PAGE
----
"setting boundaries in business"This special online event is brought to you by Biba Pedron, from Your Business in Style. Today I introduce you to Dr. Karin Stewart.


Boundaries are a key component of a successful day – they can simply make or break your day, as these three cases illustrate:

Lynn (not her real name) was a successful web designer, but she was working solid 60 hour days, had no time for her family, her boyfriend, or exercise, and was starting to feel the strain of it all: her family was inviting her to fewer family events, because they knew she wouldn’t be able to attend; she felt her boyfriend was slowly becoming more distant; and she had back problems because of her lack of exercise. This simply had to change, but she was worried about what would happen to her work as a result.

The largest source of her long hours was one single client. This retainer client was asking for urgent jobs at all times of day or night, with no thought to the fact that they were paying her for only 20 hours a week and that she had other clients to take care of. I asked her to put boundaries around this client, so that the time devoted to them would be clearly defined for both. It was the first time that she had spoken up, so she was very fearful of the client’s reaction, but, as I expected, the client was very amenable to change and she was able to negotiate an agreement where she would still be working the contractual number of hours, but solely during certain hours of the day; if a request came at another time, she would hold it until the next day. That one simple step reduced her work hours from 60 to 50, and a few other time management steps led her down to 40 hours a week – with no loss of income.

Another client, let’s call her Kathryn, had another issue: her clients were wonderful, but she kept being interrupted by family and friends who didn’t understand that her working from home still meant working. They assumed that she always had time for personal items, so almost daily she had someone calling to share a piece of gossip or vent, or stop by and ask for help or a favor. She would listen to the friend, help the family member, and get to the end of the day having worked less than 4 hours. I taught her to put strict boundaries around her work time, and she learned to tell her friends and family that she would be happy to listen and help… after work hours. Within two months, she had doubled the number of her clients, who were happier than ever – without any impact on her relationship with friends and family.

Sometimes, the boundaries that need to be set up are physical. When I started Daily Mastery, I was living in an apartment. There was no separate room for my office, and the only room big enough to host an office area was the living-room. So I set up my desk there, and lived a daily nightmare: I could see the living-room and everything that wasn’t in order; I could see the TV, who sometimes was irresistibly attractive, even turned off; and since I was in the living-room and he could see me, my then-4-year-old son felt that he could interrupt me whenever he wanted to. So I created an office space by strategically placing bookcases, and immediately saw a marked difference: I was no longer compelled to get up from my desk to straighten out; the TV, being out of sight, lost its power of attraction; and my son, since he didn’t see me every time he lifted his head from his games or books, wasn’t as inclined to interrupt me. In a few days, my productivity had doubled.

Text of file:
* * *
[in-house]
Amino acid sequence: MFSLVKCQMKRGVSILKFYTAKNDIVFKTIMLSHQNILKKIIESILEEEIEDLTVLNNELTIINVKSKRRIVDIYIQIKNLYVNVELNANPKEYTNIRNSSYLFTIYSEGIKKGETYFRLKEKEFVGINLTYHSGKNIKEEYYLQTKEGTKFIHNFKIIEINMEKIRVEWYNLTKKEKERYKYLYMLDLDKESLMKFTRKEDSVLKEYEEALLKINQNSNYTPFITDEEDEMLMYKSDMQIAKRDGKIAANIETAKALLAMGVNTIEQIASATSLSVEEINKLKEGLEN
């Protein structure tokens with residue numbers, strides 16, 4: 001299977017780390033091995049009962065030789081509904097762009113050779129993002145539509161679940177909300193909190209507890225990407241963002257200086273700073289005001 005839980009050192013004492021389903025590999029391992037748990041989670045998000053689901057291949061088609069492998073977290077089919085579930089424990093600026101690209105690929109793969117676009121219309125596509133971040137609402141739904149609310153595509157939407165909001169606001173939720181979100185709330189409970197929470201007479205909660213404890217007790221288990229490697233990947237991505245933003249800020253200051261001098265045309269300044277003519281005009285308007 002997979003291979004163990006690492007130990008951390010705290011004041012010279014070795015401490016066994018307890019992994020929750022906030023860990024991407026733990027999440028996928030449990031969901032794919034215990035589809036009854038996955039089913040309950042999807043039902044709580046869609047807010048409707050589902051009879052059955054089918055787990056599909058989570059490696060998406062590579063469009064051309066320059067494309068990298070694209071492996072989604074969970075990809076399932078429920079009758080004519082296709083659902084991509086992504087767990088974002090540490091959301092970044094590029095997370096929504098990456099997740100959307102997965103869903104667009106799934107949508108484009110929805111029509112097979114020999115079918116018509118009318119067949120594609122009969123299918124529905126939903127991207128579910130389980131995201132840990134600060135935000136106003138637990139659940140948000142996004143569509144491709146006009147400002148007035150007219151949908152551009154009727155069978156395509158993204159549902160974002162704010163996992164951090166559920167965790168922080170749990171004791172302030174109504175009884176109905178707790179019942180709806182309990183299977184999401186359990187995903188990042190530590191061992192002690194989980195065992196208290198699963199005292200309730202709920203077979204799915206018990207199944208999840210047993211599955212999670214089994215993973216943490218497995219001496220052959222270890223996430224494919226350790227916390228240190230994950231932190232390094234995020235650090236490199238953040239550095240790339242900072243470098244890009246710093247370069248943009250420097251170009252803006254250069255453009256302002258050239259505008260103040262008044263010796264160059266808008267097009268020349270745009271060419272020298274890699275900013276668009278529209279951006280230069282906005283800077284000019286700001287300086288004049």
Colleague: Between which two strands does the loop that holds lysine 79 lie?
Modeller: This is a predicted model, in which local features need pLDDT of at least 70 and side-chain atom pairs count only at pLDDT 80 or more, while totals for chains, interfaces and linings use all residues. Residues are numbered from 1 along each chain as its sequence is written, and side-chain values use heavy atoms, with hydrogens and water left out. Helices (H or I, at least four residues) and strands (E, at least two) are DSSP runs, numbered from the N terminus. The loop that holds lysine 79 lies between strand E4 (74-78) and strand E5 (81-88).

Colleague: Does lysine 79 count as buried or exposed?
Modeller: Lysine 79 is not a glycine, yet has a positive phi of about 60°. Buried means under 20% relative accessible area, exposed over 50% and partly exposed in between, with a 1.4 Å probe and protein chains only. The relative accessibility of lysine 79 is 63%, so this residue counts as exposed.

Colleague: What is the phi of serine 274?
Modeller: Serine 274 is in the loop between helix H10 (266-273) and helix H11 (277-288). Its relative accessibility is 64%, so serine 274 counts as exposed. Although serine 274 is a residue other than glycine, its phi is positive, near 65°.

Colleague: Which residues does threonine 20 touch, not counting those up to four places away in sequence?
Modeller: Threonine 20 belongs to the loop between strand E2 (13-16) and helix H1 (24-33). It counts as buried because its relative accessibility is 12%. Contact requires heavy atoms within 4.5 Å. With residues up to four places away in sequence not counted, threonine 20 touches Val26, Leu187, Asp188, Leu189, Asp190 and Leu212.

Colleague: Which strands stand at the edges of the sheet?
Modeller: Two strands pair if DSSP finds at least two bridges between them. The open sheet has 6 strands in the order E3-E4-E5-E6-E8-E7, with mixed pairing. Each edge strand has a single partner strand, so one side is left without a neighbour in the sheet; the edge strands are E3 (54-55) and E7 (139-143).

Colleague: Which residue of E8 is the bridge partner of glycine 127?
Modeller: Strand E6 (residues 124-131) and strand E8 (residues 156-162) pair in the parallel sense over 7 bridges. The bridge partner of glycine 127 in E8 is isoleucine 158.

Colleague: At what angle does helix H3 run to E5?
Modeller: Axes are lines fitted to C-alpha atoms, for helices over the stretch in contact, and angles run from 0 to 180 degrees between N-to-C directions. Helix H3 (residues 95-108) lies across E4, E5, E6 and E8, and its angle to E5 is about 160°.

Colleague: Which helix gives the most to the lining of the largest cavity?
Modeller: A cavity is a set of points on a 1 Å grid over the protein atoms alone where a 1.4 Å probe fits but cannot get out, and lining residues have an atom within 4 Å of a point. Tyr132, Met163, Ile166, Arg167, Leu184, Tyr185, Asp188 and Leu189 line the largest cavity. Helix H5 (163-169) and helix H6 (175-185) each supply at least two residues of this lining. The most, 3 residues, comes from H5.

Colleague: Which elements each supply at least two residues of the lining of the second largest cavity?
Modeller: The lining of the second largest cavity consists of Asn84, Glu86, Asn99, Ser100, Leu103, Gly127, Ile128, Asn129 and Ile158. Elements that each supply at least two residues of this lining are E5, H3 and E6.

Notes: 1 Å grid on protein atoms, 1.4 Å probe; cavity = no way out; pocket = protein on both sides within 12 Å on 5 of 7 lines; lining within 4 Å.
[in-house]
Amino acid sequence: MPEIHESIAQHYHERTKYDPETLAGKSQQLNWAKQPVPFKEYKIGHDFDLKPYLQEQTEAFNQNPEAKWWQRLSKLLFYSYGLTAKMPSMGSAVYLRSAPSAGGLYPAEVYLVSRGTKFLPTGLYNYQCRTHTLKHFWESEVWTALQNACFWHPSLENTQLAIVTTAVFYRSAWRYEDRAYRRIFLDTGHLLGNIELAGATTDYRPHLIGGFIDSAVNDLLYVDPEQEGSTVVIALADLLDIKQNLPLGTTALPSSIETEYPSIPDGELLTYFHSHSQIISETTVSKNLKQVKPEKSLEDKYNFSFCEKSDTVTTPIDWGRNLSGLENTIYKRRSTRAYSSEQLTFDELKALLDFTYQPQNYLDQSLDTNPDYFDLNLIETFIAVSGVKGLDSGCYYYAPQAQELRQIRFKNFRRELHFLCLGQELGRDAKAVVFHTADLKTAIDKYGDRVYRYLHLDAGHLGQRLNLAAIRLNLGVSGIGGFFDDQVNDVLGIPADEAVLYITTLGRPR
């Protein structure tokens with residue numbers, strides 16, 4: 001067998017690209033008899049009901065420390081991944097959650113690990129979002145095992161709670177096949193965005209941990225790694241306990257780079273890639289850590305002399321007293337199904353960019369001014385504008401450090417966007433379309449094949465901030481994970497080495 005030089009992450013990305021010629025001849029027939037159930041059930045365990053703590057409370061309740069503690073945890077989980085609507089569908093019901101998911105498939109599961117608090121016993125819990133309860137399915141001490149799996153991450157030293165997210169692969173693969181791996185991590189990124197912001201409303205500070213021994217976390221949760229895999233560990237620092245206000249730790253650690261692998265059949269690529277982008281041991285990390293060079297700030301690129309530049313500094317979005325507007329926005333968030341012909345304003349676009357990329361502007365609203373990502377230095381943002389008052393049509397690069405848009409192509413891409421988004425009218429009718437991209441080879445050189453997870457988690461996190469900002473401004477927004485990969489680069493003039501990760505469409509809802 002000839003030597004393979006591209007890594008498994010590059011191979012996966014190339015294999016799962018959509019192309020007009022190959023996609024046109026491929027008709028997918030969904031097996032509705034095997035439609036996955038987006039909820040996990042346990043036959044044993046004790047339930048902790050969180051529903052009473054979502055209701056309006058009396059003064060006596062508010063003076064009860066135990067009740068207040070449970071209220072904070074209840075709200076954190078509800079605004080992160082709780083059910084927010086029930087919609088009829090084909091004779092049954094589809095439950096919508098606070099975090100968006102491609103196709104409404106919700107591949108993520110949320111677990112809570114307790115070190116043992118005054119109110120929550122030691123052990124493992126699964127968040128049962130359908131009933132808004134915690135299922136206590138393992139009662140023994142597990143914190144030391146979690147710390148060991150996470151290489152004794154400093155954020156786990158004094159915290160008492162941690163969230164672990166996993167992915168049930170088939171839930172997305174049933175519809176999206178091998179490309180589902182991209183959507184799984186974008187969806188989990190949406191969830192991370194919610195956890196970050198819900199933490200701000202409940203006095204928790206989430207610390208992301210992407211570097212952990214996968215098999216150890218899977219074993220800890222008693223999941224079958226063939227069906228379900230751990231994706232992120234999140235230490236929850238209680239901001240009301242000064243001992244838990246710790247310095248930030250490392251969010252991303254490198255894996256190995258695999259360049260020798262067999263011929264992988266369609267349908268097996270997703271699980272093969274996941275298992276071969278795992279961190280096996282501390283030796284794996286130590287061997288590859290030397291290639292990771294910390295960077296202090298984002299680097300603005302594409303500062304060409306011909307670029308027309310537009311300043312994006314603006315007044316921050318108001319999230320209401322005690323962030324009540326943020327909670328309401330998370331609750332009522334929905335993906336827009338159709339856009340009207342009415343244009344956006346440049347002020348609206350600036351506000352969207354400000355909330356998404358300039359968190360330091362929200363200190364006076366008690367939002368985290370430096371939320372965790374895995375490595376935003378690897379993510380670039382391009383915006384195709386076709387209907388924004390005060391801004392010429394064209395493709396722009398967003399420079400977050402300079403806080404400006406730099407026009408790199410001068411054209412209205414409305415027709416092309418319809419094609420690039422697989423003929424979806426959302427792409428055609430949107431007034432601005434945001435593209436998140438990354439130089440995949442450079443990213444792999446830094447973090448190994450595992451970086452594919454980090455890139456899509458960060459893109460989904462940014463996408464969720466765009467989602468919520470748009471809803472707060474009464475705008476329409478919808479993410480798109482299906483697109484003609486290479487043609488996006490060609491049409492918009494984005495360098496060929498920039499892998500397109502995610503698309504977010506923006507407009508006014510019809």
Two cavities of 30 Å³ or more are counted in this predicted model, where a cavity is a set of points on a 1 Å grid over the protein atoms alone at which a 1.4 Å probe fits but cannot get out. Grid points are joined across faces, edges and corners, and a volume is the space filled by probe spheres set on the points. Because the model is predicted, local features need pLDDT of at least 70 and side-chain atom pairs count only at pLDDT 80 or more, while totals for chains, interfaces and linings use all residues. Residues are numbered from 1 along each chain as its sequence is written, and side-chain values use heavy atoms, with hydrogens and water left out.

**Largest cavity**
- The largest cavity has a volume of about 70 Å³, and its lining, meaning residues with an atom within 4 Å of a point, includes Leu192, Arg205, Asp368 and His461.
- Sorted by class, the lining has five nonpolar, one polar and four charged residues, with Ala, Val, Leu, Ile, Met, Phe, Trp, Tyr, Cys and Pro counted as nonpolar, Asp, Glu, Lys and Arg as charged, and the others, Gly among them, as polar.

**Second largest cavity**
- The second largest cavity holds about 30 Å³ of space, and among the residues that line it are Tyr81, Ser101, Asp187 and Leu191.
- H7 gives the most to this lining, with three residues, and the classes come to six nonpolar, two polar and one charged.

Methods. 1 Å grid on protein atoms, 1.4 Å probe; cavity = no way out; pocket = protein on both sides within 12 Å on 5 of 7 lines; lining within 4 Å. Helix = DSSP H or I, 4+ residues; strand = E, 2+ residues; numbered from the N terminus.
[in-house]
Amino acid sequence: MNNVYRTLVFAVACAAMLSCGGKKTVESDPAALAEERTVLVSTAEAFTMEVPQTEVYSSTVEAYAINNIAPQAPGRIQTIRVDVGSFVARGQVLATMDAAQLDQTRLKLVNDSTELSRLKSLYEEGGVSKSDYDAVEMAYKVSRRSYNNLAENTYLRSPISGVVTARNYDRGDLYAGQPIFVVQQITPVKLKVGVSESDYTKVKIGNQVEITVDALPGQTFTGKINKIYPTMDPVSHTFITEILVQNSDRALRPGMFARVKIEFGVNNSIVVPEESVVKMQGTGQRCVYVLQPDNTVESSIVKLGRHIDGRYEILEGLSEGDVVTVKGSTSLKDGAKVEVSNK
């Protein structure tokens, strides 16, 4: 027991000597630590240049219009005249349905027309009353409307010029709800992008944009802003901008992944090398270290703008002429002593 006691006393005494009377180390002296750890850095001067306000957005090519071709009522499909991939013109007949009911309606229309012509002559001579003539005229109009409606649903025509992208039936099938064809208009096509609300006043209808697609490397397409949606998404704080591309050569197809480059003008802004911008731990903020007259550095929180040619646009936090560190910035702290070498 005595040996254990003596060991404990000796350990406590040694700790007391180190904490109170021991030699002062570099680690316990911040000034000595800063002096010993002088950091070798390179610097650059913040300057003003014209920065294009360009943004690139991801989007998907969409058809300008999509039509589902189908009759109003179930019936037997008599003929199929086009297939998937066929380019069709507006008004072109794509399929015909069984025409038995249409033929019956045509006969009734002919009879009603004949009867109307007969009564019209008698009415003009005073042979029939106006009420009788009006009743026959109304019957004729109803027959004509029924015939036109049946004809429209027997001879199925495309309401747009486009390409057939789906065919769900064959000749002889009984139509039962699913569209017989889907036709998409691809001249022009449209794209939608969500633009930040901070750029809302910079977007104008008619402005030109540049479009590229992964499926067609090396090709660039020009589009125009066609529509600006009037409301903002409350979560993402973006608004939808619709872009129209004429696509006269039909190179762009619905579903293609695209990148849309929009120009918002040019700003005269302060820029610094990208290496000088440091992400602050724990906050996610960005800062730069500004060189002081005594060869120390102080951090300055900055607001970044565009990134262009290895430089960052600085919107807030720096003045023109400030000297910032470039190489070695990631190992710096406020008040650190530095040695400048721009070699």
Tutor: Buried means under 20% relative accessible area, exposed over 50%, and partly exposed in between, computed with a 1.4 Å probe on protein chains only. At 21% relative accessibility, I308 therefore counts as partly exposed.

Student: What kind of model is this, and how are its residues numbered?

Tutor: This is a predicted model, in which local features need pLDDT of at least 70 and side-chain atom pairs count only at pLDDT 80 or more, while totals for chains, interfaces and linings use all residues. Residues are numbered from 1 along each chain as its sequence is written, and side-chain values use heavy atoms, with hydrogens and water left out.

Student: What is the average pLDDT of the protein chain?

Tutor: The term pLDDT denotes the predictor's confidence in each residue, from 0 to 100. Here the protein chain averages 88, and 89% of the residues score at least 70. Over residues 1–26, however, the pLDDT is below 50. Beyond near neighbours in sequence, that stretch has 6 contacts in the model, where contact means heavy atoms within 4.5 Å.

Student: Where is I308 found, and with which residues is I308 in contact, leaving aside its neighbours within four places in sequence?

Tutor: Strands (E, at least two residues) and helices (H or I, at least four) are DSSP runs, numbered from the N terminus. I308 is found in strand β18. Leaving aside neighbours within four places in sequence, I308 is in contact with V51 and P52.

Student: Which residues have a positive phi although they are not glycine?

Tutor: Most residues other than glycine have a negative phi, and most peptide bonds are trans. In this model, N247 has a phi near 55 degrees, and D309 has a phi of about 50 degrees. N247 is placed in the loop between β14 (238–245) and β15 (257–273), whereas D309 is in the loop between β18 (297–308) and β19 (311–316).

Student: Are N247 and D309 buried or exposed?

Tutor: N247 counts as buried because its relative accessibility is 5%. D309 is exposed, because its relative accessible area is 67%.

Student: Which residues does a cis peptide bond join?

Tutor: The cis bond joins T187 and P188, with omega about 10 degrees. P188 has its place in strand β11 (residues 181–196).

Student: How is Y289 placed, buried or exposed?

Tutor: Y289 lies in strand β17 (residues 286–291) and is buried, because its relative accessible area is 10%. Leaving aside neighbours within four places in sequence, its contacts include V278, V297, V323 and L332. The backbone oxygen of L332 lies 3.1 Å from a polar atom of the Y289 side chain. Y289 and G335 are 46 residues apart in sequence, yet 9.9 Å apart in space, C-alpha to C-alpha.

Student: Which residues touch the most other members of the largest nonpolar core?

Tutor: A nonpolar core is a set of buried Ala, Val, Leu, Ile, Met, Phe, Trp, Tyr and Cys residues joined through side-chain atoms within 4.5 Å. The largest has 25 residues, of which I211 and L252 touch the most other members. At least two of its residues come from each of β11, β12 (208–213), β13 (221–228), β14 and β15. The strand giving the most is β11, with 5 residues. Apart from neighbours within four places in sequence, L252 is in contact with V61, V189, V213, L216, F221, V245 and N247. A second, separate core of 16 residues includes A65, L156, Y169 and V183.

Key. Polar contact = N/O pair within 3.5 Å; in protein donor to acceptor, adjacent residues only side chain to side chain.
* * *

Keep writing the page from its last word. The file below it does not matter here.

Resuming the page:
Your turn:

Boundaries can indeed make or break our days, depending on whether we have them, and how firmly we protect them. So take a look at the boundaries that you have with family, friends, co-workers, work and home, space, etc.

Are they meeting your needs? Are they allowing you to be fully productive at work, and fully engaged at home, or do you feel strain in some area? What can you do to create firmer boundaries where you need to?

Write down some ideas, practice what you will say from now on to gently but firmly enforce your boundaries, and see how you suddenly have more time, and enjoy your life better. And if those questions leave you stymied, anxious or with more questions, reach out for help. It is often easier to do this work with someone who can support you, offer you additional ideas on how to protect your boundaries or how to teach others a new way to interact with you, and hold you accountable and remind you why you are doing this work during those first times when it often feels uncomfortable to affirm your boundaries.


Do you want to learn how to truly master your day so that you can have the life you want and enjoy it? Visit www.DailyMastery.com to download your three gifts, The 5-Minute Time Management Solution, Daily Mastery’s 10 Top Time Management Mistakes and The Best-Kept Secret for Peak Productivity.

Karin Stewart, Ph.D., is a specialist in time, stress and energy management and work-life balance, and shows service professionals, solopreneurs and working moms how to get more done, in less time, and without the stress every day, so they can fully enjoy their lives. Working both in person and by phone, Karin’s clientele spans the country and the globe and includes individuals as well as organizations.